# Fibonacci sequence: how to prove that $\alpha^n=\alpha\cdot F_n + F_{n-1}$?

Let $F_n$ be the $n$th Fibonacci number. Let $\alpha = \frac{1+\sqrt5}2$ and $\beta =\frac{1-\sqrt5}2$.

How to prove that $\alpha^n=\alpha\cdot F_n + F_{n-1}$?

I'm completely stuck on this question. I've managed to take the equation form of $F$ and come down to:

$$\frac1{\sqrt 5}(\alpha^n(\alpha+\alpha^{-1}) - \beta^n(\alpha+\beta^{-1}))$$

But I'm lost from there on. I'm not looking for the answer, but any pointers would be great :)!

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Welcome to Math.SE. Thank you for your question. To help us answer it, please share the context, as well as what you've tried so far. If this is homework, please tag it as such. Also, it will be much easier for everyone if you use MathJax to format your question. –  vadim123 Jun 15 '13 at 13:48
–  lab bhattacharjee Jun 15 '13 at 13:49
@vadim123: done thanks to myuseristhis:). Thanks for the headsup –  Bas Jun 15 '13 at 13:55
Are you trying to find out what $\alpha$ and $\beta$ are? I think your coefficients are wrong... –  Goos Jun 15 '13 at 13:55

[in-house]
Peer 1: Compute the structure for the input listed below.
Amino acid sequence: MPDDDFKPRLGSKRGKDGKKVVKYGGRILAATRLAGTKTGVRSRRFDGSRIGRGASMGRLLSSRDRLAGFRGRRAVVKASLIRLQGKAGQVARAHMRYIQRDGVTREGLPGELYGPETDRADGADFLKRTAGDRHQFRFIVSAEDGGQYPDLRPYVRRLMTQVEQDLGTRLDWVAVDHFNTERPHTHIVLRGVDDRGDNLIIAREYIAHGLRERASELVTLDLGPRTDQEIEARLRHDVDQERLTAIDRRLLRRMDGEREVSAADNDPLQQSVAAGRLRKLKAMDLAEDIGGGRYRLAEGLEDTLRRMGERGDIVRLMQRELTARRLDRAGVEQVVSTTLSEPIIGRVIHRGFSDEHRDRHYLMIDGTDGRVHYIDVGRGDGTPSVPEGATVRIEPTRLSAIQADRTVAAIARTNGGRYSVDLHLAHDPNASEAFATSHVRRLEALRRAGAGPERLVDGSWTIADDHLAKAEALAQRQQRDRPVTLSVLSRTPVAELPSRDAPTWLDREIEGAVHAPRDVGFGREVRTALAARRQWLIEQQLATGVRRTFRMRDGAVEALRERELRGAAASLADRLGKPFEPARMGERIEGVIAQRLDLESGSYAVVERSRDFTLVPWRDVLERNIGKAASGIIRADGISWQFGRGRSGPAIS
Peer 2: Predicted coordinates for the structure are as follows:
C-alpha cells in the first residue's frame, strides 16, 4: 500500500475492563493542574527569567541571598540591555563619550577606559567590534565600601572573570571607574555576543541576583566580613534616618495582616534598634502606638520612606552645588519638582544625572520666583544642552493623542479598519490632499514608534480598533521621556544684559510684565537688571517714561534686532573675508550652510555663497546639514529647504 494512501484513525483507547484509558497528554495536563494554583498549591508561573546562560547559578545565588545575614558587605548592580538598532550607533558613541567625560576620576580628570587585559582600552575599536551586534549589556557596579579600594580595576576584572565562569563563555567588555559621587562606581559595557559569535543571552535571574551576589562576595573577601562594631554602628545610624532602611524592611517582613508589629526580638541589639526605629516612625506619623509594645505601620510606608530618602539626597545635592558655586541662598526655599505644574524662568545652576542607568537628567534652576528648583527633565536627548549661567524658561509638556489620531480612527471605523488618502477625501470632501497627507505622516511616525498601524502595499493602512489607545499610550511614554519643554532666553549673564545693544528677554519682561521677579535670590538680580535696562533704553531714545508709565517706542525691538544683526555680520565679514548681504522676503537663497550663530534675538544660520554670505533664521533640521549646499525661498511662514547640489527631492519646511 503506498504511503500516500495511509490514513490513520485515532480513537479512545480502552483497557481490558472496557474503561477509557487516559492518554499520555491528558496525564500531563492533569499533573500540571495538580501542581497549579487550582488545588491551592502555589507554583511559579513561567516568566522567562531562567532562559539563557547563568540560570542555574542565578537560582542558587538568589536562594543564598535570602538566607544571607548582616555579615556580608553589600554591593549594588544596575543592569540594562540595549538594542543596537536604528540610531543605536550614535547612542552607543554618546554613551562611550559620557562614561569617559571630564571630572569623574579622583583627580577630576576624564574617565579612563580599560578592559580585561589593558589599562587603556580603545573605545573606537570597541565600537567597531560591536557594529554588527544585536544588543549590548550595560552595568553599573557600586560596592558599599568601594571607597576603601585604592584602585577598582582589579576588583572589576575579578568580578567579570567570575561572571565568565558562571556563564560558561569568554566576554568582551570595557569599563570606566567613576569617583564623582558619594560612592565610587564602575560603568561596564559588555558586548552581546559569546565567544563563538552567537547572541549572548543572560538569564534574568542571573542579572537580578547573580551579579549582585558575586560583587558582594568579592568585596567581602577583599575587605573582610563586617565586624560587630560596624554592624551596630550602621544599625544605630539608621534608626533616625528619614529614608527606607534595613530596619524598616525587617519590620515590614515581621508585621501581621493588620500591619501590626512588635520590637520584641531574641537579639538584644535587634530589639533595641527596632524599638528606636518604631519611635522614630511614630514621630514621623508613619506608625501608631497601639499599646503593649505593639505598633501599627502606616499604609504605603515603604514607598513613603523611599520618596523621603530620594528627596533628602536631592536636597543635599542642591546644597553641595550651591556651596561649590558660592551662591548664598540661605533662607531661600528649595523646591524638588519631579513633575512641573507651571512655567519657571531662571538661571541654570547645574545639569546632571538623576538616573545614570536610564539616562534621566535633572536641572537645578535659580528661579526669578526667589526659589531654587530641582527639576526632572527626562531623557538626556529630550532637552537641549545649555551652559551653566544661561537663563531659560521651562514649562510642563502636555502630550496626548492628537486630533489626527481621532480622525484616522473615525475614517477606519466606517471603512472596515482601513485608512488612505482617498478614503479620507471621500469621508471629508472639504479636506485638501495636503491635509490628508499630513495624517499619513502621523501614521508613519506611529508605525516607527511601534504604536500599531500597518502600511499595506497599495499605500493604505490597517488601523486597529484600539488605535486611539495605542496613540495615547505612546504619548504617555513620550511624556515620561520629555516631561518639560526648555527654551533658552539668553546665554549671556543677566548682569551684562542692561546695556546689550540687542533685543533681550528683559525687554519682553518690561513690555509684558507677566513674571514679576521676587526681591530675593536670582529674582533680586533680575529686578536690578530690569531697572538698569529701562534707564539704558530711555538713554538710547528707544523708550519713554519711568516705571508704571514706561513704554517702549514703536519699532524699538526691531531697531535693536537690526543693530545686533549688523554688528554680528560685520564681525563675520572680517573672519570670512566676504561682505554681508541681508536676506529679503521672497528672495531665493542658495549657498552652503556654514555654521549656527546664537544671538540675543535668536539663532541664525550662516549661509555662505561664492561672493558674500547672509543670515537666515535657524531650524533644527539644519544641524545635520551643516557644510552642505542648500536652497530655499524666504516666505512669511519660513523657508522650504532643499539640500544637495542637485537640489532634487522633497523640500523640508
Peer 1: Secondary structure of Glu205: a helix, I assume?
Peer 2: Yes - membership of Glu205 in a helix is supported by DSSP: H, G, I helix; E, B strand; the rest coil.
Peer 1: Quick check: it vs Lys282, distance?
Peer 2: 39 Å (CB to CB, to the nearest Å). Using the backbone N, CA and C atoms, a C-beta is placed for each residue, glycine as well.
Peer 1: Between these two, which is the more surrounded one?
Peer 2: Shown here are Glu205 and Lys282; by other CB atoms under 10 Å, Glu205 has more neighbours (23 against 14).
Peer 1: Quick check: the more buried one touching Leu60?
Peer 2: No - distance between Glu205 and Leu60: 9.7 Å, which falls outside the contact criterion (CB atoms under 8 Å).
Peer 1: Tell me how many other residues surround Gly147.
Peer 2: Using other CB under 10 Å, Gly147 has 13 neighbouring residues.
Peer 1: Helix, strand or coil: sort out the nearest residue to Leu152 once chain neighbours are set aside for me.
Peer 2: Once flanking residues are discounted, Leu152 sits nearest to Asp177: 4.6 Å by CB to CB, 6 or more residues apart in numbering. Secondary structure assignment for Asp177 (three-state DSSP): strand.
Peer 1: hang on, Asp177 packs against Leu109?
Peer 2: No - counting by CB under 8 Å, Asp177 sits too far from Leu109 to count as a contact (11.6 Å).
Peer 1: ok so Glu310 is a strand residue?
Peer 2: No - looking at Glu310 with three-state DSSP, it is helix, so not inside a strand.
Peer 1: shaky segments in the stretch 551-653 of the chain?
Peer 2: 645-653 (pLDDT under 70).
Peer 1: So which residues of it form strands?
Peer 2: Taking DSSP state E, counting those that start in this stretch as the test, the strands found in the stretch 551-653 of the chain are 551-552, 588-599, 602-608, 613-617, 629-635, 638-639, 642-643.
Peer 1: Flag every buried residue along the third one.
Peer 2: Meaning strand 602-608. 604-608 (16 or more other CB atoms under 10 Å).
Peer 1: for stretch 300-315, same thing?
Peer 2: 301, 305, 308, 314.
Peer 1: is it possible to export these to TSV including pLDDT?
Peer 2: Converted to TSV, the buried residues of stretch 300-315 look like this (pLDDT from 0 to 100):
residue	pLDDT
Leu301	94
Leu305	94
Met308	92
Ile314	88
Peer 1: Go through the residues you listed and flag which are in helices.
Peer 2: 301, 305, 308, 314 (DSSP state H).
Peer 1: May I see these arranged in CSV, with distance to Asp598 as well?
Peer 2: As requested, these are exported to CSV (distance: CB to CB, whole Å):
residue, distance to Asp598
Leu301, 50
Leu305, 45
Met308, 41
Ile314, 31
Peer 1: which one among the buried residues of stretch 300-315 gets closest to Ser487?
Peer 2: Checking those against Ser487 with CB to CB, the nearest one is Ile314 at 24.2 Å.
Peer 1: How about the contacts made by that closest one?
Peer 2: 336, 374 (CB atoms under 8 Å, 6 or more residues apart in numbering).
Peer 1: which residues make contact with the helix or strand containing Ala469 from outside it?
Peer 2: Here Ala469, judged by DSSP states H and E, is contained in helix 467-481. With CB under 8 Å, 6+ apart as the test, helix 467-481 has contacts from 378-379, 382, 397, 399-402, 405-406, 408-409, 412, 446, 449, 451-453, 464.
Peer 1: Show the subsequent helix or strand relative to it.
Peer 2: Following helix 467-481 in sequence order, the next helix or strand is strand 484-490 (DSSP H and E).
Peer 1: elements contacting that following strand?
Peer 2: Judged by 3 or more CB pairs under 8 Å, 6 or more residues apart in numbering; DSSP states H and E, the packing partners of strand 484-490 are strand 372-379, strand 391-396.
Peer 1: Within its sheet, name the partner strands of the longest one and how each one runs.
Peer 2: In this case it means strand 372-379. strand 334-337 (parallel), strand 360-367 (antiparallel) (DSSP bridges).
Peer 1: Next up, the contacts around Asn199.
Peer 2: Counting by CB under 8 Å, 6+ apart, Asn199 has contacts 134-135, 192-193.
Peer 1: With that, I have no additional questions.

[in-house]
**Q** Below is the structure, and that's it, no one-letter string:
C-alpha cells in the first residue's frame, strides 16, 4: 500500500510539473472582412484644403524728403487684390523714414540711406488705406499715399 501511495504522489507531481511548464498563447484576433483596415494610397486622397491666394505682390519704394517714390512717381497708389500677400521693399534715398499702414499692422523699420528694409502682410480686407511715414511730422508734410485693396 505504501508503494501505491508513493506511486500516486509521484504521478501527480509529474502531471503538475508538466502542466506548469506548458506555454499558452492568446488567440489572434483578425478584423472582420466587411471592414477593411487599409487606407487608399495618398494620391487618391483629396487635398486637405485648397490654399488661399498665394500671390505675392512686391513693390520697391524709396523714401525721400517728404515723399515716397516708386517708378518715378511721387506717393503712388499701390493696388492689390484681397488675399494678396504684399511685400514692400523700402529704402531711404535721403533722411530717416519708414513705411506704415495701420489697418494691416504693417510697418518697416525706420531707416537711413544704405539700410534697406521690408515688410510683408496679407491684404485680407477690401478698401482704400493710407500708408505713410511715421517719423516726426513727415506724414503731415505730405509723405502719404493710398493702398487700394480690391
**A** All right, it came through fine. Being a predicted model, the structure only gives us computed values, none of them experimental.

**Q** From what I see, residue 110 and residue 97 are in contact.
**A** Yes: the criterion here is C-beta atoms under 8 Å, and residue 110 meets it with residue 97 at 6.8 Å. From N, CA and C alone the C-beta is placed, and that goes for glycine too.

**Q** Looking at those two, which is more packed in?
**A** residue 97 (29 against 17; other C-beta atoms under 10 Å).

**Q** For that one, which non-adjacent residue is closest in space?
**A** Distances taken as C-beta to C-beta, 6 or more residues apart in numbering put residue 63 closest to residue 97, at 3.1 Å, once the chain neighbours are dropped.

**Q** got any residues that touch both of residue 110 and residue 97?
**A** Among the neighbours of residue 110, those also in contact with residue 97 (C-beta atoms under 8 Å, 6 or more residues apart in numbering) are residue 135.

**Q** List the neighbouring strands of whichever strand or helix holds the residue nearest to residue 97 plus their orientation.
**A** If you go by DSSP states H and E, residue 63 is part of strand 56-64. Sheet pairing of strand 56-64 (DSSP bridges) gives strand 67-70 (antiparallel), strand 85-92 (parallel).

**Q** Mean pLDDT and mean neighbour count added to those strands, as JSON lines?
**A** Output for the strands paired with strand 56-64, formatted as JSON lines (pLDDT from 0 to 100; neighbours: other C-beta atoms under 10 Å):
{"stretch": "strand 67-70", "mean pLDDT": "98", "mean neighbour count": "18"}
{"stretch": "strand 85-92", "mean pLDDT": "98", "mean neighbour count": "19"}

Do you mean $F_{n+1}$? Alway, what are $\alpha,\beta$? –  Thomas Andrews Jun 15 '13 at 13:58

It's easier to prove this by induction. Note that $F_1\alpha + F_0=\alpha+0=\alpha^1$.

Then use that $\alpha$ is a root of $x^2-x-1=0$ to show that if $\alpha^n=F_n\alpha+F_{n-1}$ then it follows that $\alpha^{n+1}=F_{n+1}\alpha + F_{n}$.

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Could you explain what $\alpha$ is a root of $x^2 -x -1=0$ means? –  Bas Jun 15 '13 at 14:18
@Bas: That means that $\alpha$ is a number that satisfies the equation. So we have $\alpha^2-\alpha-1=0$. –  Fredrik Meyer Jun 15 '13 at 14:25

First, for $n=1$, \begin{align} \alpha^1 &=\alpha F_1+F_0\\ &=\alpha\cdot1+0\\ &=\alpha \end{align} Suppose it's true for $n$, then because $\alpha^2=\alpha+1$, \begin{align} \alpha^{n+1} &=\alpha\cdot\alpha^n\\ &=\alpha(\alpha F_n+F_{n-1})\\ &=\alpha^2F_n+\alpha F_{n-1}\\ &=(\alpha+1)F_n+\alpha F_{n-1}\\ &=\alpha(F_n+F_{n-1})+F_n\\ &=\alpha F_{n+1}+F_n \end{align} Thus, it is true for $n+1$. By induction, the identity is true for all $n\ge1$.

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the realization that $\alpha^2=\alpha+1$ did it. This was even introduced in one of the assignments before this one, should have known this :'). Thanks a lot! –  Bas Jun 15 '13 at 14:34

Using Euler-Binet Formula,

$$F_{n+1}=\frac{\alpha^{n+1}-\beta^{n+1}}{\alpha-\beta}$$

$$=\frac{\alpha^n(\alpha-\beta)+\beta\cdot \alpha^n-\beta^{n+1}}{\alpha-\beta}$$

$$=\alpha^n+\beta\cdot \frac{\alpha^n-\beta^n}{\alpha-\beta}$$

$$=\alpha^n+\beta\cdot F_n =\alpha^n-\frac{F_n}\alpha\text{ as }\alpha\cdot \beta=-1$$

$$\implies \alpha\cdot F_{n+1}+F_n=\alpha^{n+1}$$

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@ThomasAndrews, was just going to complete this –  lab bhattacharjee Jun 15 '13 at 14:16